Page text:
Wednesday, July 16, 2008

Vocabulary Profiling

A lot of people have discovered Wordle lately and have been using it to make attractive word 'clouds' of biblical texts. (Our church is considering using it to create occasional bulletin covers.) While Wordle is attractive and gives a quick glimpse of important words in a text, for more helpful analysis of a text, you want something like the VocabProfiler. To understand what this tool does, it helps to understand a bit of corpus linguistics, but this blog posting will give you a quick background. I've talked about this kind of stuff before with reference to strategies for minimizing the amount of Greek vocabulary one needs to know. I'll summarize:

  • A person needs to know about 95% of the vocab in a text to comprehend it without frustration.
  • Analyzing large amounts of texts allow one to construct reliable frequency lists.
  • In English, learning the 1000 most common words and their families will give you 74% comprehension. (The K1 list)
  • Learning the next 1000 words and their families will add another 5% bringing one up to 79% comprehension. (The K2 list)
  • Rather than trying to learn the next 1000 words which only adds 1%, it is better to identify the most common field-specific words, i.e., words used in a particular field of study or reference. For example, adding 570 word families of words in academic texts increases comprehension 8.5%. This group of words is called the Academic Word List. (AWL - In non-academic writing, it will provide much lower improvement.)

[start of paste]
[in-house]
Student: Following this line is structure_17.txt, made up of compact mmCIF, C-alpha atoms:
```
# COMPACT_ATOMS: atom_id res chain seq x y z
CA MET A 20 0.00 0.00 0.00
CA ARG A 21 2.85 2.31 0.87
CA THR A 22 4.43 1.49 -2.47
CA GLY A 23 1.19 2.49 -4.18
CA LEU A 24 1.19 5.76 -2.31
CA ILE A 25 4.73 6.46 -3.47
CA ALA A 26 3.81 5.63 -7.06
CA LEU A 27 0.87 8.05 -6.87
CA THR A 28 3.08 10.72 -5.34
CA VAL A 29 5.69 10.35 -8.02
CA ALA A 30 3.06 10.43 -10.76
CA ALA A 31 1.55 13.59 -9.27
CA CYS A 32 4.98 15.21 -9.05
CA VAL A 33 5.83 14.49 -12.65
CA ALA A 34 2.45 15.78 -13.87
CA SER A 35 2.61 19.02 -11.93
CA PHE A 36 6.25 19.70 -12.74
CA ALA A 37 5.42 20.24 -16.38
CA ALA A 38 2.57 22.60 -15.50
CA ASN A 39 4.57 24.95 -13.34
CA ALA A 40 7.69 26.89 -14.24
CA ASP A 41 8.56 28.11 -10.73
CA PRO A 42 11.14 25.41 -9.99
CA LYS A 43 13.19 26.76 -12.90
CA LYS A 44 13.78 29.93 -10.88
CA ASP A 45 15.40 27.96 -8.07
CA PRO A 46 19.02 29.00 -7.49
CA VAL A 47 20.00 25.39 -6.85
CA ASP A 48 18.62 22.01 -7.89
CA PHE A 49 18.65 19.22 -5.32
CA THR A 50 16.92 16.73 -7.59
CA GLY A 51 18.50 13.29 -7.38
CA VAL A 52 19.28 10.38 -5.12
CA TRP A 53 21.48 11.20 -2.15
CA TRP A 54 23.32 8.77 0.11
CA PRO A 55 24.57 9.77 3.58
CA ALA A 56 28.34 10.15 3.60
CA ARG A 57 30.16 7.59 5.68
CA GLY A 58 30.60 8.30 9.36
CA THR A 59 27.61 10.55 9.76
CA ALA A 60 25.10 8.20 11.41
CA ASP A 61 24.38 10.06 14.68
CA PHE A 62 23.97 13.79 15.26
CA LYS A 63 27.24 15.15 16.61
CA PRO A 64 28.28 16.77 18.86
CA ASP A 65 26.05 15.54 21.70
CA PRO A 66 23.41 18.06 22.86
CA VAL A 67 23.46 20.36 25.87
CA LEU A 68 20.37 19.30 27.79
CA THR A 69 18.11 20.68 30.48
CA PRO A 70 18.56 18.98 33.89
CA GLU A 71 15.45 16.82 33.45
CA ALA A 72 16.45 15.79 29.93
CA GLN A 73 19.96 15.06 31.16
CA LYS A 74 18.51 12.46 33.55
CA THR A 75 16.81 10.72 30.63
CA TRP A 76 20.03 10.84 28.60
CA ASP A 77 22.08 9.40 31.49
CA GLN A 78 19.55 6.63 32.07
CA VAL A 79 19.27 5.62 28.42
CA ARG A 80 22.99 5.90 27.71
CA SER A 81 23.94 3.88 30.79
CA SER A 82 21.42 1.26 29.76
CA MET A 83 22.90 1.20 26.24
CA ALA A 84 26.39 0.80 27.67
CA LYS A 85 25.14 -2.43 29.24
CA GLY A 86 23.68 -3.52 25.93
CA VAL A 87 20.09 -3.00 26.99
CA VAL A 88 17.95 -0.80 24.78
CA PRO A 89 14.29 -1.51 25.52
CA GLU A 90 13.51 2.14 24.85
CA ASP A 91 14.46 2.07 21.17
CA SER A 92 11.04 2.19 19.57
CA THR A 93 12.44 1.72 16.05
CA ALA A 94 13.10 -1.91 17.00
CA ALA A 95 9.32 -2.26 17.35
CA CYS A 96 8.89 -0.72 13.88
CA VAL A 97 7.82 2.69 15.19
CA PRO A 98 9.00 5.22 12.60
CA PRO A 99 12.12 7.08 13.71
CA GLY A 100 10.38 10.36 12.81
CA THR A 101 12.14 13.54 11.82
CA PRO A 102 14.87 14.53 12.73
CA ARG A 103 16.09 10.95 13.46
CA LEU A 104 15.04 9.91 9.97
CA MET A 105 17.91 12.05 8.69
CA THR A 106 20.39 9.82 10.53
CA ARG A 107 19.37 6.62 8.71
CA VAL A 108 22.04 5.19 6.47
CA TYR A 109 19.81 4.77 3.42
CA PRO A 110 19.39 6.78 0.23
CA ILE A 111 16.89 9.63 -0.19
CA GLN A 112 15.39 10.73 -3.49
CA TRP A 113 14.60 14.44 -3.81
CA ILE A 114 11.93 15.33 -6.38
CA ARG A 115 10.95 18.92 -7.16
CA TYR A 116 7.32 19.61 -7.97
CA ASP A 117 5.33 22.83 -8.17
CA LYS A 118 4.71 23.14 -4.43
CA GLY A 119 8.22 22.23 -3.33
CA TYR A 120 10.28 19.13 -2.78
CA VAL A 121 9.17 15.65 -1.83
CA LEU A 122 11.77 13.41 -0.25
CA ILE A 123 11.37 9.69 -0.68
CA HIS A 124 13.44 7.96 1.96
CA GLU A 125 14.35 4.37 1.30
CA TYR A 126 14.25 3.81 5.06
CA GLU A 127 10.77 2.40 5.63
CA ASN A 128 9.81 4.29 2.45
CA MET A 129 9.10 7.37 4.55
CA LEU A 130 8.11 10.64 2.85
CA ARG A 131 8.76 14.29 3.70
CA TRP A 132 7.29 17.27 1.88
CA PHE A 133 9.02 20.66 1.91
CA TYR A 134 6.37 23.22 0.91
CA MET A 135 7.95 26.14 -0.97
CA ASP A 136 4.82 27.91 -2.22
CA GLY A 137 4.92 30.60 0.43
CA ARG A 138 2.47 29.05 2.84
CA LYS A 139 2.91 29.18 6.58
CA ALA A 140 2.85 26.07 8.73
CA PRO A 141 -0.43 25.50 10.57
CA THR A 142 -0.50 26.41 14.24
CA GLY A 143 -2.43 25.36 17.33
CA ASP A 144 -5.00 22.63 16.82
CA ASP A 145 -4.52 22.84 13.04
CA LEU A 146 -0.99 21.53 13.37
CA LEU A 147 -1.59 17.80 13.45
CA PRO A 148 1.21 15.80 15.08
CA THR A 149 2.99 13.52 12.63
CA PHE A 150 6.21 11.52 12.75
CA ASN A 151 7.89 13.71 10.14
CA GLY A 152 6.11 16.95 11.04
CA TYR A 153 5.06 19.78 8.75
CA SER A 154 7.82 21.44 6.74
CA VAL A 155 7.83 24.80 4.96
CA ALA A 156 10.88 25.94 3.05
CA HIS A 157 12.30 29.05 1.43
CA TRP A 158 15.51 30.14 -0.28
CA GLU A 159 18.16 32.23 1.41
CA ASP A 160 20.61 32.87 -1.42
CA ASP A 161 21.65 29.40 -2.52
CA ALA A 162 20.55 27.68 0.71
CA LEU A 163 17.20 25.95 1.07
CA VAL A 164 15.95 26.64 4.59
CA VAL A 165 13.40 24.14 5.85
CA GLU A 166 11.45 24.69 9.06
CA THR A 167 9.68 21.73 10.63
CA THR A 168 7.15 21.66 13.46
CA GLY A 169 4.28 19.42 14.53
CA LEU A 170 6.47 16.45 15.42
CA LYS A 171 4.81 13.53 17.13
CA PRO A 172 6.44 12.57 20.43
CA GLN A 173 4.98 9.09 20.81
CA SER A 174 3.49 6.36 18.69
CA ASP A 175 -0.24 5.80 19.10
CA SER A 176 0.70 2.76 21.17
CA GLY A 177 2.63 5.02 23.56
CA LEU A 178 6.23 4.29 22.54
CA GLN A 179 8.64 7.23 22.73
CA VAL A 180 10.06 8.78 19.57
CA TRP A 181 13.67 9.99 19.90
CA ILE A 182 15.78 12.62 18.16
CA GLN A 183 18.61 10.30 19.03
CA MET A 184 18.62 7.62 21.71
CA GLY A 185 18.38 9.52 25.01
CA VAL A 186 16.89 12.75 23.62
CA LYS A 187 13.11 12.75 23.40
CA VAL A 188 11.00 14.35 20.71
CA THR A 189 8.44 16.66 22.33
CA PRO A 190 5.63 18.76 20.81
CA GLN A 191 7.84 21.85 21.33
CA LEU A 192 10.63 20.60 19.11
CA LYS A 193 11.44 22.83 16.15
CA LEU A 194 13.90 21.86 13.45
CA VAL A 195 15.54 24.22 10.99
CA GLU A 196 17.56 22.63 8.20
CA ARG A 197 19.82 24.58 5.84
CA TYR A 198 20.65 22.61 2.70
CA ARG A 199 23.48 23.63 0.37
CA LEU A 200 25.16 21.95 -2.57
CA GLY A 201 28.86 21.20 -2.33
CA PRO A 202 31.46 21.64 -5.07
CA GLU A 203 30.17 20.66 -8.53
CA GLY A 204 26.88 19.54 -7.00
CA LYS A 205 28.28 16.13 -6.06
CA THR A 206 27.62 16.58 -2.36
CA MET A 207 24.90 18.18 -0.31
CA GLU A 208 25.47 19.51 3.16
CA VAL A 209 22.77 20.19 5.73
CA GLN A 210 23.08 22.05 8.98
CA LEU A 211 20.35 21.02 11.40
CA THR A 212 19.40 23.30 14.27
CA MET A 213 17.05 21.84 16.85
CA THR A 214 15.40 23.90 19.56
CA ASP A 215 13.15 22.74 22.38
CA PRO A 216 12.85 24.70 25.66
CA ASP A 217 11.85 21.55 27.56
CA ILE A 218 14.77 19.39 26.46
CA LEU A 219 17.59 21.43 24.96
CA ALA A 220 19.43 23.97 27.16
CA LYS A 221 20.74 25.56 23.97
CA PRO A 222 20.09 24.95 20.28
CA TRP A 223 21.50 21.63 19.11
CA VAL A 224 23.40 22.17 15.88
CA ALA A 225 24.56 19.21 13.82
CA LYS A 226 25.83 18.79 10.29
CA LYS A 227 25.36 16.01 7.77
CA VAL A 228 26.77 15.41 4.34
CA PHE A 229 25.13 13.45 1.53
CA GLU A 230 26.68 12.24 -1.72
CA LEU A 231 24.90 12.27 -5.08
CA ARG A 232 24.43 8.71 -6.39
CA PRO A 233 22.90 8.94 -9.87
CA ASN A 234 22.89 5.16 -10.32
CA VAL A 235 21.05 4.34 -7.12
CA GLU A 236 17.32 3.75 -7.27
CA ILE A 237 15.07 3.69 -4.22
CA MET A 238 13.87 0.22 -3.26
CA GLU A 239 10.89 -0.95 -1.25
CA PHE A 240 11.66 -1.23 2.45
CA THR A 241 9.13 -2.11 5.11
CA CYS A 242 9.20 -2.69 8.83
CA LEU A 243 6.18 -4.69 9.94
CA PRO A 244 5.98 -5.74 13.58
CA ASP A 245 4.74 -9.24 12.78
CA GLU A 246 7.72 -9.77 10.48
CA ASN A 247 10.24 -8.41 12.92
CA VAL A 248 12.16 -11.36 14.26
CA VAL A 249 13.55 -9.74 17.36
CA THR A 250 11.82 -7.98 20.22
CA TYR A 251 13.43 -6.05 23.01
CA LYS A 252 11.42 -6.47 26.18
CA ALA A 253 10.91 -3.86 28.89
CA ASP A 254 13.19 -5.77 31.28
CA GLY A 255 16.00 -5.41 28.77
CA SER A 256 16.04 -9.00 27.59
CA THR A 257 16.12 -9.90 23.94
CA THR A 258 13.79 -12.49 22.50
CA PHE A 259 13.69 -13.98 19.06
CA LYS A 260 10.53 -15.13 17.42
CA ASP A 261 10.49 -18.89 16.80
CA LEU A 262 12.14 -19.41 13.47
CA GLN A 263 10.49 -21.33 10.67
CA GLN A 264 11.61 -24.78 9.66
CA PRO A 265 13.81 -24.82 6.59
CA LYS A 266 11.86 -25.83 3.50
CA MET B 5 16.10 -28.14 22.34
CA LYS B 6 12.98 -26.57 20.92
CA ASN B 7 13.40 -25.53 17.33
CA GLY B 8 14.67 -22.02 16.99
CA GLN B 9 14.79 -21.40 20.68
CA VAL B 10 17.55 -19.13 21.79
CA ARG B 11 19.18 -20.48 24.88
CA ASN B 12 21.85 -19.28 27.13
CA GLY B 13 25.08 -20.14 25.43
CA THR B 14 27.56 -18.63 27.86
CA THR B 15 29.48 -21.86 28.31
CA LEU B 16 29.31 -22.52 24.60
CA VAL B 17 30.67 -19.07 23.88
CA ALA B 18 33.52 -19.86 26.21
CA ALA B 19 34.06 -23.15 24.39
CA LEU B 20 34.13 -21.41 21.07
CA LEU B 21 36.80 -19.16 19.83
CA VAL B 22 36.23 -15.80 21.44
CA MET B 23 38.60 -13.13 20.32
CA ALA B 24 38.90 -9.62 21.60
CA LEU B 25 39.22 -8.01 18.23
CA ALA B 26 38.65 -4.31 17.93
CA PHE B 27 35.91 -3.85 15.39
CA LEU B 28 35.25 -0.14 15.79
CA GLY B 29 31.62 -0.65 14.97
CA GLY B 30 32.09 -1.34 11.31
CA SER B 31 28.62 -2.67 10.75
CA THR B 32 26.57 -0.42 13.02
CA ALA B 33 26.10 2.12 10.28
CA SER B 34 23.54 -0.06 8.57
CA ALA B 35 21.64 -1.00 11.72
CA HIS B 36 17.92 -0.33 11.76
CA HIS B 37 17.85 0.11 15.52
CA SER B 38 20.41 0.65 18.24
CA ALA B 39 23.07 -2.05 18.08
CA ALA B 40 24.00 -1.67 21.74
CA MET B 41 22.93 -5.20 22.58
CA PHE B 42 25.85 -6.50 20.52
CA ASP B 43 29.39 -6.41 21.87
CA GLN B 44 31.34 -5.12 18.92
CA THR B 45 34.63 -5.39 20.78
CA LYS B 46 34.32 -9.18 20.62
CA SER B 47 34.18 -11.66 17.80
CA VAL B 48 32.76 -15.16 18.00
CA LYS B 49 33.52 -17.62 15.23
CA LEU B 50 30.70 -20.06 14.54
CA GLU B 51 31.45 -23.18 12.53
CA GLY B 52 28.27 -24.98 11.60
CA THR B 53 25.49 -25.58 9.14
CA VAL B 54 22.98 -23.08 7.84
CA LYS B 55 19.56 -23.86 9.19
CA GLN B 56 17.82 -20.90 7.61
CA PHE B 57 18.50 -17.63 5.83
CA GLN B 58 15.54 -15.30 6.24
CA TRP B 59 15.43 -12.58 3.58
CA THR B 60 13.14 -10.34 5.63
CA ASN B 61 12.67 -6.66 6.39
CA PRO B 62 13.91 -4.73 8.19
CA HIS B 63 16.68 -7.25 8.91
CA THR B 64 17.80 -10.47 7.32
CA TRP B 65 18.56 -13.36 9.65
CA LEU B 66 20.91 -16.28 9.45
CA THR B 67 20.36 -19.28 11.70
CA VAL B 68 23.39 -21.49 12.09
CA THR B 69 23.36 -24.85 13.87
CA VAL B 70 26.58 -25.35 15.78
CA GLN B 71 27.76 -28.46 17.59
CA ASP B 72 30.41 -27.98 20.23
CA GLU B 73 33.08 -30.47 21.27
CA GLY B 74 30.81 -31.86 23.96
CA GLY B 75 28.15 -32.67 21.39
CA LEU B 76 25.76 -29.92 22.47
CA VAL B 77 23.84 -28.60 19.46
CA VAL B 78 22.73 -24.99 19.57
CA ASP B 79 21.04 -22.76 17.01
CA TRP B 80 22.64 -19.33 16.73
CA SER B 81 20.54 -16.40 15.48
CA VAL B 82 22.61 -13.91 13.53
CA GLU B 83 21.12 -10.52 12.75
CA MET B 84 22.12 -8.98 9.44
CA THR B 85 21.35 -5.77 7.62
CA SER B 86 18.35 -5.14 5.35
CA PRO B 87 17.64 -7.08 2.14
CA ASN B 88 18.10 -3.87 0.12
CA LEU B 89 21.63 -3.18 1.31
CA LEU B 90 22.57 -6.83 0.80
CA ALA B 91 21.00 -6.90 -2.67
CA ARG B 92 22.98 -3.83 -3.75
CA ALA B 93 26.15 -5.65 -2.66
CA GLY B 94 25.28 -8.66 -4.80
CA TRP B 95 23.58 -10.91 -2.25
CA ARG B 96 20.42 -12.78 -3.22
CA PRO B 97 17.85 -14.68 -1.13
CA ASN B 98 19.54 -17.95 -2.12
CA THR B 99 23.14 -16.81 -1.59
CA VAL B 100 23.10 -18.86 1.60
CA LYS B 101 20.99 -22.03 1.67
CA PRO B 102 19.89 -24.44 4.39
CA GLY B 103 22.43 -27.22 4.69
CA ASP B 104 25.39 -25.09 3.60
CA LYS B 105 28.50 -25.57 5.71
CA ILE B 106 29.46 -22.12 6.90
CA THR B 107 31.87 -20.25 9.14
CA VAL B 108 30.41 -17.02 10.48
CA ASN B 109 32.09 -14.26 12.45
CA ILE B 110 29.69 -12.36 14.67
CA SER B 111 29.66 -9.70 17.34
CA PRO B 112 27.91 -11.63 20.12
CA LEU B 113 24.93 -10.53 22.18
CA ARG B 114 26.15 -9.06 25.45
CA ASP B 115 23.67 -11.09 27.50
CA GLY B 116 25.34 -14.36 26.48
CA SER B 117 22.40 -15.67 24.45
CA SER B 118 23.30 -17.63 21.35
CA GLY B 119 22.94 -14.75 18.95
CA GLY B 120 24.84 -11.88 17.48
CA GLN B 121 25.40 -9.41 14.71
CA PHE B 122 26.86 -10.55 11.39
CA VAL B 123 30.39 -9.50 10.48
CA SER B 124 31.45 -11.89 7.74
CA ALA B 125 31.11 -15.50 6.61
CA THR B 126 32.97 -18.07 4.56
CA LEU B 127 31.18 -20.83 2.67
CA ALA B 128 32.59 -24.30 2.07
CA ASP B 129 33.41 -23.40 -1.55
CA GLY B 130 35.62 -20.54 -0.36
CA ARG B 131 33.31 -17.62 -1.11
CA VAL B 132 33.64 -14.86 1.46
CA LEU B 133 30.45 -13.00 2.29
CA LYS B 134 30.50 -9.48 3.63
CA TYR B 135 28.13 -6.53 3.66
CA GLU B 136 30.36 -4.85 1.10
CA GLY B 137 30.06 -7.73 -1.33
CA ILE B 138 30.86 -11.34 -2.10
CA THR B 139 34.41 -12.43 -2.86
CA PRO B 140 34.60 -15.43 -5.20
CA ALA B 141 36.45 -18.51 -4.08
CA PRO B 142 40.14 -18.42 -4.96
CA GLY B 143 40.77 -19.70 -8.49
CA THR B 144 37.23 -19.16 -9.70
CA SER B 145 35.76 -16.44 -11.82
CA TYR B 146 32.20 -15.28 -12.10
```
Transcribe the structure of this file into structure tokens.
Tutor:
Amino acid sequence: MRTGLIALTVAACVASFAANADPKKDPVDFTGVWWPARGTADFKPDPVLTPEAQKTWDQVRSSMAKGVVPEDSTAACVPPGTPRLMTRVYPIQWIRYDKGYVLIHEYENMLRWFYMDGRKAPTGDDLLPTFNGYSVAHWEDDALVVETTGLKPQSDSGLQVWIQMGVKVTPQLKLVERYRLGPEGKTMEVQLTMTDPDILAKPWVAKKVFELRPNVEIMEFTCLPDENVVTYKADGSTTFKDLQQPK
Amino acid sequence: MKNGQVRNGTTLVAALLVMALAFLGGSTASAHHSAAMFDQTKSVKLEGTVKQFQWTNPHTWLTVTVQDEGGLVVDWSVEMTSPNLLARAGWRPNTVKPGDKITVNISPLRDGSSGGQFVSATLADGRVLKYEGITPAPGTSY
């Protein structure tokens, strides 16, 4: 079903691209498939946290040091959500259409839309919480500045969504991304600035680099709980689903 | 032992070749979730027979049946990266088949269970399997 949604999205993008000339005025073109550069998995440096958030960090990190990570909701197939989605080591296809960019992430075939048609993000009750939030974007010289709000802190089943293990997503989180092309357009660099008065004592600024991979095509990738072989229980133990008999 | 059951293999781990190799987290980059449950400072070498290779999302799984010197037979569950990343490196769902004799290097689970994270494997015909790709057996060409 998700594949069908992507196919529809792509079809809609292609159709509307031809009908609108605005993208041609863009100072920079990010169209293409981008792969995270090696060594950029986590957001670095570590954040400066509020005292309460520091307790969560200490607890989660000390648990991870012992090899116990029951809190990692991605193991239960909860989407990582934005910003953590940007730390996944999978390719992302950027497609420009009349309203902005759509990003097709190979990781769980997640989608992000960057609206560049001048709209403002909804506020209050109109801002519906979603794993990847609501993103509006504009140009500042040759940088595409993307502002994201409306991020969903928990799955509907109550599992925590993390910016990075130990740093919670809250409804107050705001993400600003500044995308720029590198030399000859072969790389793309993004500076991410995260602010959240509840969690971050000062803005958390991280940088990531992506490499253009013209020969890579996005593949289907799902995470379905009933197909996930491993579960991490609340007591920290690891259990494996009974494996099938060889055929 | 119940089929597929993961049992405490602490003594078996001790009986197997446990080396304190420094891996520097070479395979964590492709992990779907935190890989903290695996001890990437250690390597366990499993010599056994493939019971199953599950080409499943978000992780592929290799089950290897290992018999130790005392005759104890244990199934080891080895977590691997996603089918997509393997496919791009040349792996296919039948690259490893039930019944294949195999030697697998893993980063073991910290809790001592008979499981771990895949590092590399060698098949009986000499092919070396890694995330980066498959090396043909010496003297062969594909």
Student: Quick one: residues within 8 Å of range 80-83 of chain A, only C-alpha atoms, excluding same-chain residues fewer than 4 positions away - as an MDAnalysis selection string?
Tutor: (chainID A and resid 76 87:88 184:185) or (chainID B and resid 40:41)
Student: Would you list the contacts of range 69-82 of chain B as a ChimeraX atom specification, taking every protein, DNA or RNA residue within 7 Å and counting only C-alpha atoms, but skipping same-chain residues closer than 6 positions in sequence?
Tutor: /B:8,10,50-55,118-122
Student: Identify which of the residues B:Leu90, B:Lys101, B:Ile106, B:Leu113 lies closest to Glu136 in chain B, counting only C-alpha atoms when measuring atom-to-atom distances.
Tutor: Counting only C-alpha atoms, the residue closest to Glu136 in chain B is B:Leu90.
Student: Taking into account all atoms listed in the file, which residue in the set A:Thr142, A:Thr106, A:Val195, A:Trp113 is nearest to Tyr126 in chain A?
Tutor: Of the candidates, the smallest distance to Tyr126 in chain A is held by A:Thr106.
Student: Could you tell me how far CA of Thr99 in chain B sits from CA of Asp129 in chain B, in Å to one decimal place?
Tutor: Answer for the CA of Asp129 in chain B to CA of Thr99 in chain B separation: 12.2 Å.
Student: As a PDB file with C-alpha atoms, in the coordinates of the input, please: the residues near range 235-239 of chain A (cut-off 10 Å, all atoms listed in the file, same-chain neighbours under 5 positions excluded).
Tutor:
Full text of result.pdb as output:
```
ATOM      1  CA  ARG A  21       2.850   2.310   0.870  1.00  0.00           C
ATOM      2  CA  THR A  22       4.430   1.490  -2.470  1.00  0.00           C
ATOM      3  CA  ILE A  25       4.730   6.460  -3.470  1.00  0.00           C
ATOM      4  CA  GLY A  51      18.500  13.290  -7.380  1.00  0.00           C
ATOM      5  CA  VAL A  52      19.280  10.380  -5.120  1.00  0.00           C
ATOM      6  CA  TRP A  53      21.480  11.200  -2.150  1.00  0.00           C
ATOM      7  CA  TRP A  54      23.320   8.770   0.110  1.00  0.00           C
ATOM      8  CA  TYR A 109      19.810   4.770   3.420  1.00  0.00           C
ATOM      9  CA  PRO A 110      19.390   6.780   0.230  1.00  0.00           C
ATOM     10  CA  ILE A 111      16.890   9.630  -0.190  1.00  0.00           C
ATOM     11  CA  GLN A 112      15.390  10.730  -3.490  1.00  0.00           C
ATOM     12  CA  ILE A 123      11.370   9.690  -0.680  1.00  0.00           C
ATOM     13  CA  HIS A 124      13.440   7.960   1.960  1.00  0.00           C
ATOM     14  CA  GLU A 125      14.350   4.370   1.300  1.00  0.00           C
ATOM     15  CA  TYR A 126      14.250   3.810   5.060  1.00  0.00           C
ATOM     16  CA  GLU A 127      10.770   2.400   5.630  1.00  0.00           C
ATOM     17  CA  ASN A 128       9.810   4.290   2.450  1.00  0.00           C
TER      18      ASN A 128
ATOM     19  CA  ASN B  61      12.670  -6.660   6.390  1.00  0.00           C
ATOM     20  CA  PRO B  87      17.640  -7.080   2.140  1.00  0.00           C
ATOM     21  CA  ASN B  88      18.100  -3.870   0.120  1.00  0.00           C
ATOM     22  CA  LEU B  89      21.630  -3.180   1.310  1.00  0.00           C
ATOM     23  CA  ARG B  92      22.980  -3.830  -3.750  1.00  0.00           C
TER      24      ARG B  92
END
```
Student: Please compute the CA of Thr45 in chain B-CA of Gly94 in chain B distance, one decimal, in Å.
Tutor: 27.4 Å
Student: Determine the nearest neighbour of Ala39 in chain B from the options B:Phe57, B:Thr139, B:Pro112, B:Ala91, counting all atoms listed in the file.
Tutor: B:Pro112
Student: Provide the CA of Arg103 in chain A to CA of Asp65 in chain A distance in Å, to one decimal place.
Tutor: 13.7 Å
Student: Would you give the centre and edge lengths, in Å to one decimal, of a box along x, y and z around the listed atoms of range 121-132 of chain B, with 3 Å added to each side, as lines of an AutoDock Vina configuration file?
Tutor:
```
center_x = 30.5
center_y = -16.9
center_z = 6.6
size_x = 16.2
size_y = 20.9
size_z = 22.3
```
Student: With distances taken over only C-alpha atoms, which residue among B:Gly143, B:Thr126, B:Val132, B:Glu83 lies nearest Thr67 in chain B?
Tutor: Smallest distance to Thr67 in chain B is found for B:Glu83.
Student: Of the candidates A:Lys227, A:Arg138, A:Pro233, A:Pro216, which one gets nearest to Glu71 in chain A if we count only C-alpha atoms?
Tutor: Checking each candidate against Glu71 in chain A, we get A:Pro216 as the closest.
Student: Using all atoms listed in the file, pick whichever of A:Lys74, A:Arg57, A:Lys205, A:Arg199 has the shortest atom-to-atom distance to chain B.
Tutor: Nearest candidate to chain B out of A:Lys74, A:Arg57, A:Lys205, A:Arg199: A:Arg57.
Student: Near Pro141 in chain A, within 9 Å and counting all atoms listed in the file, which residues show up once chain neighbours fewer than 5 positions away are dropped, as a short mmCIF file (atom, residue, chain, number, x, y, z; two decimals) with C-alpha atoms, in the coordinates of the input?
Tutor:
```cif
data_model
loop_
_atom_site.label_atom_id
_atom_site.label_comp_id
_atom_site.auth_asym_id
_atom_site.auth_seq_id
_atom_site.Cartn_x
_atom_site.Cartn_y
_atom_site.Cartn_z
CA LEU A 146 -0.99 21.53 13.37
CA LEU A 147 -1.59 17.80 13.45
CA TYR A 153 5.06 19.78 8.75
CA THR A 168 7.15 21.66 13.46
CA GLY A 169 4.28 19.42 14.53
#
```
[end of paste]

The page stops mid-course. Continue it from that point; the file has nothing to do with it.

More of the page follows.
What VocabProfiler does is provide this kind of analysis. As an example look at this representation of the text of 3 John from The Message.
The words in blue are on the K1 list, in green are on the K2 list, in yellow on the AWL, and the red words are the remaining words. One of the things we can do is use this tool to compare translations. Below is 3 John in the NRSV. In this case, there is not much difference.Another possible way of using this tool is to compare different passages using the same version. Here is Jude in the NRSV, and it is easy to see that there is a much higher percentage of red words as compared to the 3 John graphic.
[UPDATE: As Iyov helpfully notes in the comments, this tool only works for English and French texts.]
Some practical applications of this tool--and you really should use the tool and see all the data it returns in addition to these highlighted texts--include the following:
  • Identify the best words to memorize if one is learning English as a second language and is interested in biblical texts.
  • It can be used to compare various translations to gauge the reading levels.
  • A person can, of course, also run there own writings through this tool. Preachers, check out the likely-more-challenging words in your sermons! I suspect this tool will turn up a lot of 'churchy' words in red.
  • You can see how James Tauber is trying to apply this kind of linguistics work to Greek (check this post and follow the links) and the development of a graded reader (check this post by James).
(HT: Downes)


  1. It is a pity that the tool is only available in English and French. (I suspect that most readers are fluent in English.)

  2. Sorry, I meant to type "most readers of your blog are fluent in English."